My name is Ilana Horn. I study the teaching and learning of mathematics in US secondary schools. My work has mostly focused on urban schools, like the ones I taught in when I was a high school teacher. I named this blog teaching/math/culture, because the permutations of those words capture the breadth of my work.
I focus primarily on teachers: what do teachers need to do to reach more kids, what does it take for them to learn it, and what would schools look like that support them in doing this? The answers to these questions stand to inform teaching practice, professional education, school organization, and policy. This is the teaching/math and teaching/culture part of my work. But I am also interested in broadening our notions of mathematical competence. What do classrooms look like that are inclusive and incorporate rich mathematics? This is the math/culture part of my work.
My work lies at the intersection of several disciplines: mathematics education, the sociology of schooling, and learning sciences. A lot of the time, I watch videos of teachers talking about what they do to get a sense of how they understand the problems they encounter and what the best ways are to solve them.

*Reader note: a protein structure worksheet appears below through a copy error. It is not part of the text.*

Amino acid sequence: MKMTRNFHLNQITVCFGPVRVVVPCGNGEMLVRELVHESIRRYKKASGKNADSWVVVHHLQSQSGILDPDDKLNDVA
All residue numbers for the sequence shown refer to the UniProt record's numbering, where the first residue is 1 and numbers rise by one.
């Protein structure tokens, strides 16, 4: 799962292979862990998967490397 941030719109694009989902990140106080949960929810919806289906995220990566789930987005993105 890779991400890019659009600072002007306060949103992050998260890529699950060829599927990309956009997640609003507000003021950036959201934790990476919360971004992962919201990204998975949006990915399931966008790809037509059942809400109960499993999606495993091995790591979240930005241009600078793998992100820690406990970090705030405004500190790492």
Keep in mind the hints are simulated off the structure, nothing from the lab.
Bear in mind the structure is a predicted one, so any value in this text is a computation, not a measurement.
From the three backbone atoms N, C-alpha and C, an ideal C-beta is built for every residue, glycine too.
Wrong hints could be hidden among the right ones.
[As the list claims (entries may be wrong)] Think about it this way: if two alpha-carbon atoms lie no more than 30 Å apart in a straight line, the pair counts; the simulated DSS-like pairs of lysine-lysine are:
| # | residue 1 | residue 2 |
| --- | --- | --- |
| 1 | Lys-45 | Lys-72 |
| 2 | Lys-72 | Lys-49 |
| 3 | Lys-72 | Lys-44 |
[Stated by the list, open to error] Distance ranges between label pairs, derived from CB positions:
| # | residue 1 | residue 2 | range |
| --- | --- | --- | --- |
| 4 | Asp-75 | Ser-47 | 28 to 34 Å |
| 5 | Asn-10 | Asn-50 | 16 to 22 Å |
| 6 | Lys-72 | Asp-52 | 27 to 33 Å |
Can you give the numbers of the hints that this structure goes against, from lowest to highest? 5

I currently work at Vanderbilt University. Previously, I was a professor at University of Washington and a postdoctoral research fellow at Stanford University. I earned my bachelors degree in mathematics at Swarthmore College, and my graduate degrees in mathematics education at UC Berkeley. I have won a number of awards for my research, which has been funded by the American Educational Research Association, National Science Foundation, the Carnegie Foundation, and the Spencer Foundation.
Here is my first book published by the National Council of Teachers of Mathematics. It describes a way of using collaborative work in mathematics classrooms called Complex Instruction. Here is my second book, published by Heinemann Publishing. It provides a framework for thinking about student motivation as a problem of instructional design. Finally, here is my website, where you can find out more about my research and links to talks I have given.
I also like to knit and tweet about my kids.